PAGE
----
The incoming student body president at Kansas University wants to make a connection -- as much with university administrators and state officials as with his constituents.
Kevin Yoder is rolling.
He's swirling a blue pen around in his right hand and clicking the lid off and on. He has scribbled a complete outline on three pages of a new legal pad, and he's checking off each topic as he goes.
On the door of office 410 in the Kansas Union Student Senate bullpen, Yoder's name is printed on a piece of white paper, which is taped above the window. The nameplates are on the way, he said.
But Yoder, a fifth-year-senior-to-be who in April was elected student body president at Kansas University, is already talking like a man on a mission.
``I want to lead by example,'' said Yoder, who plans to attend every meeting he can between now and next May. ``I really want to do a good job of making this my life for the next year.''
KU Student Senate serves as a funding agency, allocating thousands of dollars to various cultural and other campus groups.
Generally, senators must remain keenly aware that their decisions affect students' everyday lives, he said, from funding for KU on Wheels and Saferide to the campus newspaper and radio station.
Equally important, he said, is senate's function as a watchdog.
``Student Senate is the one area where students have an outlet to speak to the administration and the Legislature and the Board of Regents,'' said Yoder, a native of Hutchinson.
To that end, Yoder and his vice president, Scott Kaiser, plan to immediately begin taking on their primary campaign platforms, including parking concerns, enrollment difficulties and ever-increasing tuition and fees.
Idea No. 1: Use the Lied Center's 700 or so parking spaces as a satellite parking lot for the main campus, with shuttles going back and forth all day. Charge students for a separate pass ($125), the amount of which would rival a regular parking and bus pass put together.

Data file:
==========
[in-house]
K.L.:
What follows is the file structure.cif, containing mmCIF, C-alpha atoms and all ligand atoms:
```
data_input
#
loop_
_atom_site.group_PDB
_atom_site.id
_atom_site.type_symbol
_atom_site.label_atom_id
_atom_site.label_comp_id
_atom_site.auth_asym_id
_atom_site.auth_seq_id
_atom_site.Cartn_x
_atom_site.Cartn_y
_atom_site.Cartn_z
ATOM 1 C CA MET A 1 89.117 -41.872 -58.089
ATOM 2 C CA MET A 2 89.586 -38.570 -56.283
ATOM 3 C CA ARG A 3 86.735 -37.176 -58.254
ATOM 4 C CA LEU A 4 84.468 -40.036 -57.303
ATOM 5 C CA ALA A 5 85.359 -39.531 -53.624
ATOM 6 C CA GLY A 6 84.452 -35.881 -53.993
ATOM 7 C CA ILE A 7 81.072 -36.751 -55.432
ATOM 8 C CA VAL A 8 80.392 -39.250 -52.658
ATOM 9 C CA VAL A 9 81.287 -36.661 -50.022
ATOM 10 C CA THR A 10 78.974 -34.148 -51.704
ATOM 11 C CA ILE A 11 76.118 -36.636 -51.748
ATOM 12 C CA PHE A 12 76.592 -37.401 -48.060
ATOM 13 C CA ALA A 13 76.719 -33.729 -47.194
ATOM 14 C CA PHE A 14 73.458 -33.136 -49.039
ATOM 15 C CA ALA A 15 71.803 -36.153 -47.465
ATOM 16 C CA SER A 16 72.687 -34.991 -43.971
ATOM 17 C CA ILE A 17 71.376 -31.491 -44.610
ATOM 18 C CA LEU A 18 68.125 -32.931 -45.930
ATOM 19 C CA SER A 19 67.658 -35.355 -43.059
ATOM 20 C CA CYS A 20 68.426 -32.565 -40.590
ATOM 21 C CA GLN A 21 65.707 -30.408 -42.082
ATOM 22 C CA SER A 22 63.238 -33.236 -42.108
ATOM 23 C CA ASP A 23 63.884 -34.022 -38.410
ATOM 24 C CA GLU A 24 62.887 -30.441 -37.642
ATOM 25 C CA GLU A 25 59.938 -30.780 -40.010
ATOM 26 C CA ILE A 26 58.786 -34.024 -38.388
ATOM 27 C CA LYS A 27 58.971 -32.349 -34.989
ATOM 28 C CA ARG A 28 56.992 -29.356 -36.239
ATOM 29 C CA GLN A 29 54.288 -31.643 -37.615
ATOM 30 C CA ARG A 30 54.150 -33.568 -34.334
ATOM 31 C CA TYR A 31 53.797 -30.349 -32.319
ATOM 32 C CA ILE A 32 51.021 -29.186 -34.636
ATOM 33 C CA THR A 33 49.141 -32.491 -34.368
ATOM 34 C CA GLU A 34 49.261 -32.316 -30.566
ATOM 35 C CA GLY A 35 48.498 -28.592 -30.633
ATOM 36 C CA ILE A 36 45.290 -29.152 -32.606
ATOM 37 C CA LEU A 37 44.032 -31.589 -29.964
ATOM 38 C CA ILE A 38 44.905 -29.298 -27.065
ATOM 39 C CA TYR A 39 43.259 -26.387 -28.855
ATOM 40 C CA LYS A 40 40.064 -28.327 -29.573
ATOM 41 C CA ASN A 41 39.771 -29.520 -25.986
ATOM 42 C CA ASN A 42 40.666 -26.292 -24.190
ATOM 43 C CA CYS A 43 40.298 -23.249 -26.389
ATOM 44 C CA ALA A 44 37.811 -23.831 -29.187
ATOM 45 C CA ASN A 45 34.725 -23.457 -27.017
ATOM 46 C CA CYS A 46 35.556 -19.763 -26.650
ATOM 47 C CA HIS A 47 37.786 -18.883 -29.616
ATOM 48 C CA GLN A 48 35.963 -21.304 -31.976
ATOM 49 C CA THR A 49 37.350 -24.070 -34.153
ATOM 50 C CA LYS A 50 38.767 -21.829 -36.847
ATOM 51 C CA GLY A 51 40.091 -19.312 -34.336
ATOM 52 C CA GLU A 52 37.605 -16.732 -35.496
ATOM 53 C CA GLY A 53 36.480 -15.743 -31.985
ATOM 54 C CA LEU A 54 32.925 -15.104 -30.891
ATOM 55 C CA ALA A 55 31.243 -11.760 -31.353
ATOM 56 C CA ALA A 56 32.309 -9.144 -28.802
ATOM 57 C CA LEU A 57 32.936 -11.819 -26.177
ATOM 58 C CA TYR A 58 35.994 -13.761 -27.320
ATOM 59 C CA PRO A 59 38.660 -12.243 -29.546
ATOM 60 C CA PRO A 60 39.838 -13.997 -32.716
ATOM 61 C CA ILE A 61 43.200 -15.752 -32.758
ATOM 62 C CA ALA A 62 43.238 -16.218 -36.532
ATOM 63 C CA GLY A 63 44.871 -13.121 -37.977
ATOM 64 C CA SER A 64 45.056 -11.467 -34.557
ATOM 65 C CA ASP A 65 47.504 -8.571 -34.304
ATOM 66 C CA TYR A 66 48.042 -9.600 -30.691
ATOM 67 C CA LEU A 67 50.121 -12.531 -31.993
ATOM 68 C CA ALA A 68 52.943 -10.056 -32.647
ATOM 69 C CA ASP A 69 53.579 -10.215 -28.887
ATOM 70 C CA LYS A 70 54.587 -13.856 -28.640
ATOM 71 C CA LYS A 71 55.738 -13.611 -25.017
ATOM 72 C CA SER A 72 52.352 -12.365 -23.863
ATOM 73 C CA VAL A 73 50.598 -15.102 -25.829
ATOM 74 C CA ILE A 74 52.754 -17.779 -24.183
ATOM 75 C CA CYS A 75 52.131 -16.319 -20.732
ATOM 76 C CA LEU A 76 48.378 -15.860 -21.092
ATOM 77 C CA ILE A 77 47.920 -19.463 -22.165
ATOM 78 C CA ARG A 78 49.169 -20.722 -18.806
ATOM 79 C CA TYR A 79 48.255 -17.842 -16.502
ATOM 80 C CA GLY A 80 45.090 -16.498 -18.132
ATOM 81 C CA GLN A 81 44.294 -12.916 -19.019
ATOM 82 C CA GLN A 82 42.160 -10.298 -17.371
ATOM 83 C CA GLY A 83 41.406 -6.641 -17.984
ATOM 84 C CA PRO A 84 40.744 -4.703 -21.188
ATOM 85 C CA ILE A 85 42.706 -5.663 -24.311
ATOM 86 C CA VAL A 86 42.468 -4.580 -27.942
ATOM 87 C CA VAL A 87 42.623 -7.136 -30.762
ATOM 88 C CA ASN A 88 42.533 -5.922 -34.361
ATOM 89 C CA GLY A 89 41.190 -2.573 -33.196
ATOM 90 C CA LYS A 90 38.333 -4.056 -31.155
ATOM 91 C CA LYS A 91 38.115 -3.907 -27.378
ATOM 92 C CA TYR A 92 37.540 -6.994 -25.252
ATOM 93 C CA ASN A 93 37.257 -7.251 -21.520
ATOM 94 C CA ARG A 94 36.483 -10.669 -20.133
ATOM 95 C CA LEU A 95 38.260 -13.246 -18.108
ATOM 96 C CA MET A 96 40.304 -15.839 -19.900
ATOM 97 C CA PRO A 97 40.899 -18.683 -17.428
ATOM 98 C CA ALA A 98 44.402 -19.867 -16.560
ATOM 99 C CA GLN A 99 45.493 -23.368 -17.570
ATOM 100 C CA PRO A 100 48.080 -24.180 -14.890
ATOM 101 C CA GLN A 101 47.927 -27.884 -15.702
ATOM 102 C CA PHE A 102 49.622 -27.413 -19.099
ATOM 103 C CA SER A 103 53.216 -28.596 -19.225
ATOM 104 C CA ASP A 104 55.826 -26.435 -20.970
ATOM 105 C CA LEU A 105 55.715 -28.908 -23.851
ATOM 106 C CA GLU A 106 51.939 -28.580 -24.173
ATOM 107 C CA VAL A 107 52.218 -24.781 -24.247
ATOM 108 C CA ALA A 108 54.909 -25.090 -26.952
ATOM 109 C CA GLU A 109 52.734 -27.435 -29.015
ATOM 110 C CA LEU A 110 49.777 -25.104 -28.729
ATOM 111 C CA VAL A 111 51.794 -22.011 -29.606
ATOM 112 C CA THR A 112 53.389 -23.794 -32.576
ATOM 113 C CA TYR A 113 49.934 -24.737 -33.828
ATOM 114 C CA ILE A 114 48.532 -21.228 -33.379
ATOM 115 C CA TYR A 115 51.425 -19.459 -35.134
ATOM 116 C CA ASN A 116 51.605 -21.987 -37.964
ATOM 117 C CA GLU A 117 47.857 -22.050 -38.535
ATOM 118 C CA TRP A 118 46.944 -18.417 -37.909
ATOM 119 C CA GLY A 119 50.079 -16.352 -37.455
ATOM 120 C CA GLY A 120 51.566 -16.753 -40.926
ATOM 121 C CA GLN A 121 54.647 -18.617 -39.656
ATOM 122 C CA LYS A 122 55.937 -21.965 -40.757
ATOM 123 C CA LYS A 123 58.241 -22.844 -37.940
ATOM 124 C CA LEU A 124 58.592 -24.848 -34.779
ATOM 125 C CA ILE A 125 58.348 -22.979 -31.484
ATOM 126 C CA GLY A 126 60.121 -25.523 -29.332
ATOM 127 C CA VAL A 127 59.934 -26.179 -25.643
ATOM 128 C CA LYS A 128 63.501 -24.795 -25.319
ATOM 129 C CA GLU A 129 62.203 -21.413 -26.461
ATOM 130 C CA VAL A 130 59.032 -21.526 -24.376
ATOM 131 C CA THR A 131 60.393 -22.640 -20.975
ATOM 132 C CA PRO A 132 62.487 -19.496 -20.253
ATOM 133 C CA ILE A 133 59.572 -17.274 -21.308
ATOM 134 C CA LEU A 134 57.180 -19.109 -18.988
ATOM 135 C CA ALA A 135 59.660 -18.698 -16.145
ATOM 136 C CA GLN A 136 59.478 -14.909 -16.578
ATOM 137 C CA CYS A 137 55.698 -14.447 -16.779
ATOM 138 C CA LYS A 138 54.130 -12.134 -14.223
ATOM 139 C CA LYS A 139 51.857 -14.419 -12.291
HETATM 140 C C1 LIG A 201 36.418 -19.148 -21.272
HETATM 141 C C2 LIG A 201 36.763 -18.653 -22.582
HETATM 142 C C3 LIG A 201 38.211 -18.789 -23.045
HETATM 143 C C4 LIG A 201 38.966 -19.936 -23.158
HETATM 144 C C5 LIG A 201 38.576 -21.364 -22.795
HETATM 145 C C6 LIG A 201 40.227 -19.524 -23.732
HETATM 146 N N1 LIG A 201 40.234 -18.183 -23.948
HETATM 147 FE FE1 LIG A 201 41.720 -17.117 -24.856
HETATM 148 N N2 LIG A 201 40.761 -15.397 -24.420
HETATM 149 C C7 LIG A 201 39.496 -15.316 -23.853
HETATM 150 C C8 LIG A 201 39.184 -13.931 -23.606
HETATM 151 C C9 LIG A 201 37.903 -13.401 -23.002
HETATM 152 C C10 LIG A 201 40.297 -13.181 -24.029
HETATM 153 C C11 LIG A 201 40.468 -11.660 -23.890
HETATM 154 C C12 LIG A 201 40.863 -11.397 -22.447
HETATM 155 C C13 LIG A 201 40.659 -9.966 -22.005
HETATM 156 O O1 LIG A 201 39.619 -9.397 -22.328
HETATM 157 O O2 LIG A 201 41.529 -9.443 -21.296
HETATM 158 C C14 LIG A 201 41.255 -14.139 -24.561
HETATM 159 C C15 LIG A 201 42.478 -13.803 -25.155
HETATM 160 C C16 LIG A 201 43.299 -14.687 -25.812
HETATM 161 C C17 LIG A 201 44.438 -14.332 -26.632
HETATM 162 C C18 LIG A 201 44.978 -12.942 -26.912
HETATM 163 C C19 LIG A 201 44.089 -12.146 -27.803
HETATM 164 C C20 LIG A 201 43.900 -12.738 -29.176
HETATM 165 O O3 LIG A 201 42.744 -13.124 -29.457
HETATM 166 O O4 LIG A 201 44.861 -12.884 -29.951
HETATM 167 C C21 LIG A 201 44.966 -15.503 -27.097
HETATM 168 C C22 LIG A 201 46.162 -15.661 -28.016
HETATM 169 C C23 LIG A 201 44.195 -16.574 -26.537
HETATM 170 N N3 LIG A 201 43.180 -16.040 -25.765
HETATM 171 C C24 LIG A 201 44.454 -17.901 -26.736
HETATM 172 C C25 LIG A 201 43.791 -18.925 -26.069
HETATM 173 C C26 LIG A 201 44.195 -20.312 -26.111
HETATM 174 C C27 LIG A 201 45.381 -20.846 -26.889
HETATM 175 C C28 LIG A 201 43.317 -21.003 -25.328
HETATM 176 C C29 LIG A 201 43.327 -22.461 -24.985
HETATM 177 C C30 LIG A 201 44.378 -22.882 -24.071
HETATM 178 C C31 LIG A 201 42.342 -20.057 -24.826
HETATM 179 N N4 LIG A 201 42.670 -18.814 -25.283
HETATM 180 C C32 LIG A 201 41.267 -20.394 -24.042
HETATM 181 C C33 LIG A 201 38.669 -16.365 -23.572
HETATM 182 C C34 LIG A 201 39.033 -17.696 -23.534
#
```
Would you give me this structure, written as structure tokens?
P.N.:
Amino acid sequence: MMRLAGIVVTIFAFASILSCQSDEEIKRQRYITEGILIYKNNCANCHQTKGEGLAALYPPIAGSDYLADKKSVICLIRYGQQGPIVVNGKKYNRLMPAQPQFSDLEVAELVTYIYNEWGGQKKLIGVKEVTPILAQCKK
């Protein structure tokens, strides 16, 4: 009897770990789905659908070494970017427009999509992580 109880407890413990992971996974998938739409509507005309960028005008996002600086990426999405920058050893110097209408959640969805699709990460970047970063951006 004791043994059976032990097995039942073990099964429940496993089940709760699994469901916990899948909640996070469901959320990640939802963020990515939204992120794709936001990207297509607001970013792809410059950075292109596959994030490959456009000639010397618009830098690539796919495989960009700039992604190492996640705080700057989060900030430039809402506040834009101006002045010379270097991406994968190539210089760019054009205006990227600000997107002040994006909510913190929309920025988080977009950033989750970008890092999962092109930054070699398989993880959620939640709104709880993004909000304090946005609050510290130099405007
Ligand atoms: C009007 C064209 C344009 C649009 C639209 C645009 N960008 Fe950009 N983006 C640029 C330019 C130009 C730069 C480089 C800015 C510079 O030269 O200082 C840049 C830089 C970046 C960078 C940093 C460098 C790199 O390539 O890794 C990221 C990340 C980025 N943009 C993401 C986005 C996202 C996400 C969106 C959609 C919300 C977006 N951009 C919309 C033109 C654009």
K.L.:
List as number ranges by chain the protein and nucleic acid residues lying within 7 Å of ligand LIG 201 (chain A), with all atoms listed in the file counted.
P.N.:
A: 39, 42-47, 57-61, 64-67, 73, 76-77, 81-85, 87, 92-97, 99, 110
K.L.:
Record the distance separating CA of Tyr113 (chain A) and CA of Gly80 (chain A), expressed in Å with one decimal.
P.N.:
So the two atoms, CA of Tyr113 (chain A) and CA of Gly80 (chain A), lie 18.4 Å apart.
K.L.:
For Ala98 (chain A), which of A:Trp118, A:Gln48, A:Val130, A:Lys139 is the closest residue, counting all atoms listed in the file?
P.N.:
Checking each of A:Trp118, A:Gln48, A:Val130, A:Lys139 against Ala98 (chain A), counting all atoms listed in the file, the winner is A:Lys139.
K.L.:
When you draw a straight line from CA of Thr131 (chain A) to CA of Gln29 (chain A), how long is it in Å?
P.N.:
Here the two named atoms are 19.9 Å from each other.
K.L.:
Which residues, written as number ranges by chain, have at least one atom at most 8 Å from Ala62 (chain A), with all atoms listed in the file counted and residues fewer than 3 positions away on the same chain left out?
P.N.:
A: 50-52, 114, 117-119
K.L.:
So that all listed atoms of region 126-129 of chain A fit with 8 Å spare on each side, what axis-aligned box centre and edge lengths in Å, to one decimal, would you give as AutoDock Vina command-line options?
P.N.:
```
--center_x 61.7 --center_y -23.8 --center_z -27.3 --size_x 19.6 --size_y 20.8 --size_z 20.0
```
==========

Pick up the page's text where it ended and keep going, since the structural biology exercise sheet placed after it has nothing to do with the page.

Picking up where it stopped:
``It would allow us to use our existing resources to solve the problem,'' Yoder said. ``There are 700 spots that go unused each day. It's logical to just run a bus out there.''
Idea No. 2: Secure student spaces in the parking garage to be built next year north of the Kansas Union.
Idea No. 3: Put on the fast-track, improvements to the enrollment system that would move much of the finding-a-class insanity -- long lines, awkward times -- to the relative calm and easy access of the Internet.
``The administration needs to make it a priority,'' he said.
Idea No. 4: Fund KU's Saferide service to operate as early as 7 o'clock most evenings, and institute a campuswide system for escorting students home called ``Safewalk.''
Other safety-related proposals include improving access to blue emergency phones, increasing campus lighting and bolstering the presence of KU's police officers on Mount Oread.
``Crime isn't going to happen to most of us,'' Yoder said. ``But I don't want any students to have that fear.''
Yoder hopes to address the continuously rising ``fee-cost'' ratio, which measures the amount students pay in tuition and fees compared to the overall cost of education. The financial burden, he said, has increasingly fallen to students.
``I think right now KU students spend too much money (percentage-wise) on their education,'' Yoder said. ``I'd like to reverse that trend.''
One way to get the attention of the Legislature would be to send out regular newsletters touting the five best higher education proponents at the Statehouse, as well as the five worst.
``No one wants to have negative press,'' he said.
Yoder also expressed concern about the introduction of the new identification system at KU, known as the ``Smart Card.'' Student services such as bus passes may be temporarily thrown in turmoil by a lengthy or problematic transition.
The Yoder-Kaiser administration's other plans include: registering KU as an official member of the Chamber of Commerce, keeping track of and following up on previous student body presidents' agendas, and conducting an outreach program designed to connect student senators more readily to their constituents.
Vice president Kaiser, an Overland Park native, will be a junior this year. Yoder said part of the plan was to give Kaiser enough time to have the option of succeeding him.
Prior to election, Yoder's campus resume listed three years as a student senator, a summer as a new student orientation assistant, and stints as the president of Lambda Chi Alpha fraternity and of the KU's pre-law society. This year, Yoder will serve as the chief justice of the Interfraternity Council's judicial board.
-- Matt Gowen's phone message number is 832-7222. His e-mail address is email@example.com.